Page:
I used the Sizzle Steak pack from the local supermarket, seasoned with salt and pepper then pan fried, topped with Jaden's recipe here. I reckon this works best as marinate but decided to use it as sauce because I didn't have the right kind of steak (thicker cuts), and so I've saved some of the sauce for use later in the week with some beef scotch fillet on the grill (Yum!)

To serve, I cut the steak into strips topped with the sauce and served with rice and steamed bok choy (also topped with the sauce) and my fussiest critics (my kids) gave it a score of 9.

I can't wait to try the marinade and grilled version.

Tuesday, August 26, 2008

Llaneras galore

My sister arrived from back home and brought me these! 15 pcs of assorted sizes of llaneras! I did asked for lucban longganisa too, but this was a better option to carry considering the quanrantine rules in Australia. Nonetheless, I love them! Several weeks ago, I went into a leche flan frenzy - buying 3 dozen eggs every week and making leche flan! Not for a party mind you, just for home consumption... and boy did we get tired of it. And that was using disposable aluminum tins!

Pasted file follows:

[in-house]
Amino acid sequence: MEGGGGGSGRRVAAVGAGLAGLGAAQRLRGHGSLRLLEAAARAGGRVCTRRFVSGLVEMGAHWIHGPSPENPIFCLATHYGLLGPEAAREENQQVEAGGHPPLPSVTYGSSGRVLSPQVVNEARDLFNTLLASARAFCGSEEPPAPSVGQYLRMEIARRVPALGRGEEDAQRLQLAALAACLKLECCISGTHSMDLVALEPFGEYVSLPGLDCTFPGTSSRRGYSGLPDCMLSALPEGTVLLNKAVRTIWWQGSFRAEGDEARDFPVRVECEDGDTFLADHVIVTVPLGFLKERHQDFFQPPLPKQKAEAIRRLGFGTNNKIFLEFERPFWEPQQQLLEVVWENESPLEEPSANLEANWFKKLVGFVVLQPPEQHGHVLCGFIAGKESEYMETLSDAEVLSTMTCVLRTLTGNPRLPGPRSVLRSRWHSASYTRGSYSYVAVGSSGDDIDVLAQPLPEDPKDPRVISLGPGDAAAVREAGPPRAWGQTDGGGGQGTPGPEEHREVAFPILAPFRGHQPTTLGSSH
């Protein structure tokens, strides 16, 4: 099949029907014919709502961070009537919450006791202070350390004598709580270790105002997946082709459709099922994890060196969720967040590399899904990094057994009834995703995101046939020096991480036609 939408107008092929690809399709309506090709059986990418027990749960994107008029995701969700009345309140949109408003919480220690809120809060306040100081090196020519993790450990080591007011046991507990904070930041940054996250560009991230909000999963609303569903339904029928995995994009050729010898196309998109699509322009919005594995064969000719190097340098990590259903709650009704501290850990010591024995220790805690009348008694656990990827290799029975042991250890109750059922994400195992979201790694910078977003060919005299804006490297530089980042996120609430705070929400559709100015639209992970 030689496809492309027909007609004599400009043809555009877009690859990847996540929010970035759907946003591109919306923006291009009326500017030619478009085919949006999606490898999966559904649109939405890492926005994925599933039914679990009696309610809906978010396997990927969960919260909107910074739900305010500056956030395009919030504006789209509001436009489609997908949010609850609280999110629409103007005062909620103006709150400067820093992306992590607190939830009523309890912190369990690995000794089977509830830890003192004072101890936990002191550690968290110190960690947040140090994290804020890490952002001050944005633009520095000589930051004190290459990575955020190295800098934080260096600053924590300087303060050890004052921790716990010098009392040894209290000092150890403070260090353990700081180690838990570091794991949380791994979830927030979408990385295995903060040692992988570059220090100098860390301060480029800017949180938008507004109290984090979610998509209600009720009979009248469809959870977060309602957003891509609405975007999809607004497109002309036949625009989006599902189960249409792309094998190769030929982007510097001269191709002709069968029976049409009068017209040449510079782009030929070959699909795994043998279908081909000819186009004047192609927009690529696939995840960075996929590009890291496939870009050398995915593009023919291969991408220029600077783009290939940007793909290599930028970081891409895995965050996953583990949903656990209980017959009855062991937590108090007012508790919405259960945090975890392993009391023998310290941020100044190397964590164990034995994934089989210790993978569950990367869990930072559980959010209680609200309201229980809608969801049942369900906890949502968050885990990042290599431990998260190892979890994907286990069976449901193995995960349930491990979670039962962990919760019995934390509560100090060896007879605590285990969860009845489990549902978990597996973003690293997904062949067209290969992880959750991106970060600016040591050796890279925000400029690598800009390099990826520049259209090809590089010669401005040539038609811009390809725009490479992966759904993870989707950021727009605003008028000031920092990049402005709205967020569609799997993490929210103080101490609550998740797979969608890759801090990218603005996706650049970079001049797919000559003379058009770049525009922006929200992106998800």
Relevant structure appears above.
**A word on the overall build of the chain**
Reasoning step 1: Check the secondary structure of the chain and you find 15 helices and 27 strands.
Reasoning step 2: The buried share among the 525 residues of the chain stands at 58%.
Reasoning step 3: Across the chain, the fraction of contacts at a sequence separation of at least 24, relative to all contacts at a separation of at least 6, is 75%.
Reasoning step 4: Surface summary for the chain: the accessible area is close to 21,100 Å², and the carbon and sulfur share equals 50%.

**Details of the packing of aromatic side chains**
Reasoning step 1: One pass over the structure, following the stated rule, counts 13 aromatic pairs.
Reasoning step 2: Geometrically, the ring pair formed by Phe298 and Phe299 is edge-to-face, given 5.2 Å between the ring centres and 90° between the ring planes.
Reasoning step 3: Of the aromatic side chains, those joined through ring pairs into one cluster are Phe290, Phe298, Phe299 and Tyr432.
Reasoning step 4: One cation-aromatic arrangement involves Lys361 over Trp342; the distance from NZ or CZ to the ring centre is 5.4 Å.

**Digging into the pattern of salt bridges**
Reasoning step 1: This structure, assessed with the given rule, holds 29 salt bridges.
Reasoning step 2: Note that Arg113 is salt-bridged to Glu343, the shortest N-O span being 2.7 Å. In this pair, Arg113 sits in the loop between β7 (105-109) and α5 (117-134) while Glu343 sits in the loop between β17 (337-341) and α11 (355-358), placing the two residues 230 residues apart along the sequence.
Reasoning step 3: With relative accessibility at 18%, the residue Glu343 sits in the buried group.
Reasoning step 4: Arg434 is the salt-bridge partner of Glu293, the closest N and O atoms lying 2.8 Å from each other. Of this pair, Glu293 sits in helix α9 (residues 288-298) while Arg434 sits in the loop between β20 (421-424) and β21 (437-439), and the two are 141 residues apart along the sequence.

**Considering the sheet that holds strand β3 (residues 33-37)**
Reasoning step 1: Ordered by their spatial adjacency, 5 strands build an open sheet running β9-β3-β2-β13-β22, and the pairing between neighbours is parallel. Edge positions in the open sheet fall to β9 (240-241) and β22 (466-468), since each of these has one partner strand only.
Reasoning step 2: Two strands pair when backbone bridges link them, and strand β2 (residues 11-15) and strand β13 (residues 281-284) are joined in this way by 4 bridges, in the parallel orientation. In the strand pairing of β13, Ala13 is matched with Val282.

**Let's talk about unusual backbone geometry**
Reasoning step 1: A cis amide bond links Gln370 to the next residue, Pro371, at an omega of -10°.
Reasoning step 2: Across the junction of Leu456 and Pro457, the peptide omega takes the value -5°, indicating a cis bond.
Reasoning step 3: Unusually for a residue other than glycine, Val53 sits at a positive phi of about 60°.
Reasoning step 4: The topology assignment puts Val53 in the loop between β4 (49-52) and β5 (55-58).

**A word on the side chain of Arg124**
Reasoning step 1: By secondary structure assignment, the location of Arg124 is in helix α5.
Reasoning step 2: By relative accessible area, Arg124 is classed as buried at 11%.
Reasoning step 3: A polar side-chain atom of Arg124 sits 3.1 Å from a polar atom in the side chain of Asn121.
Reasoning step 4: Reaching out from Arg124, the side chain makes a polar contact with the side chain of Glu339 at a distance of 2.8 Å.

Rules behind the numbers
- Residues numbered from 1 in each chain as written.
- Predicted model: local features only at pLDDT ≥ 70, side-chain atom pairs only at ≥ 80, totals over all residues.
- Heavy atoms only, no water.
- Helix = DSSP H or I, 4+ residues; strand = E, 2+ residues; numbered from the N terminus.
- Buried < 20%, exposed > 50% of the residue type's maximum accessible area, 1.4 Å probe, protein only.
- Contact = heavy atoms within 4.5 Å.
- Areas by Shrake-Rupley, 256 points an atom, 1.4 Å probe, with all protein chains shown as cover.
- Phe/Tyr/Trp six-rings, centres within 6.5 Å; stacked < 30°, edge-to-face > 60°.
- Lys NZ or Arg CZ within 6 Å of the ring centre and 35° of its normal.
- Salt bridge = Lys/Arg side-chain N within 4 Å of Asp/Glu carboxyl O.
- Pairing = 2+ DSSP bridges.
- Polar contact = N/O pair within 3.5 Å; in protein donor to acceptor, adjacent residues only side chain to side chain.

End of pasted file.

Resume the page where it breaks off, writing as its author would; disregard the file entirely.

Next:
So now that I'm the proud owner of these "llaneras", I guess its time to go the leche flan route again.... I definitely must find more use for these tins soon. One can only take so much sweets I presume.

Tuesday, August 19, 2008

To Chocolate Chip Cookies and all its glory

I found this article link from the NY Times about the perfect chocolate cookie recipe via marketmanila's blog here. The article by David Leite praises the originator of this world famous cookie recipe - Ruth Graves Wakefield. Inspired and raring to go the extra mile, I took on butter, sugar and eggs to bowl with mixer in tow and tried my hand finding the right chewy kind of CCC (Chocolate Chip Cookie) version.

From the article, came the version by Jacques Torres (I used to watch this guy from the Lifestyle Channel in the PI concoct fancy chocolate creations, most of them daunting and overwhelming to watch. One of things that leaves me dreaming - like my previous post on the Devil's Food White-out Cake.), which I didn't try because it called for resting the dough for 24hours. This won't work for me as I'm as giddy as a 3yo when it comes to waiting for the result of my baking creations. Usually, I'd be endlessly peeking into the oven, which must cause a lot of my baking end in disaster. Patience in these instances, can really be an effort on my part.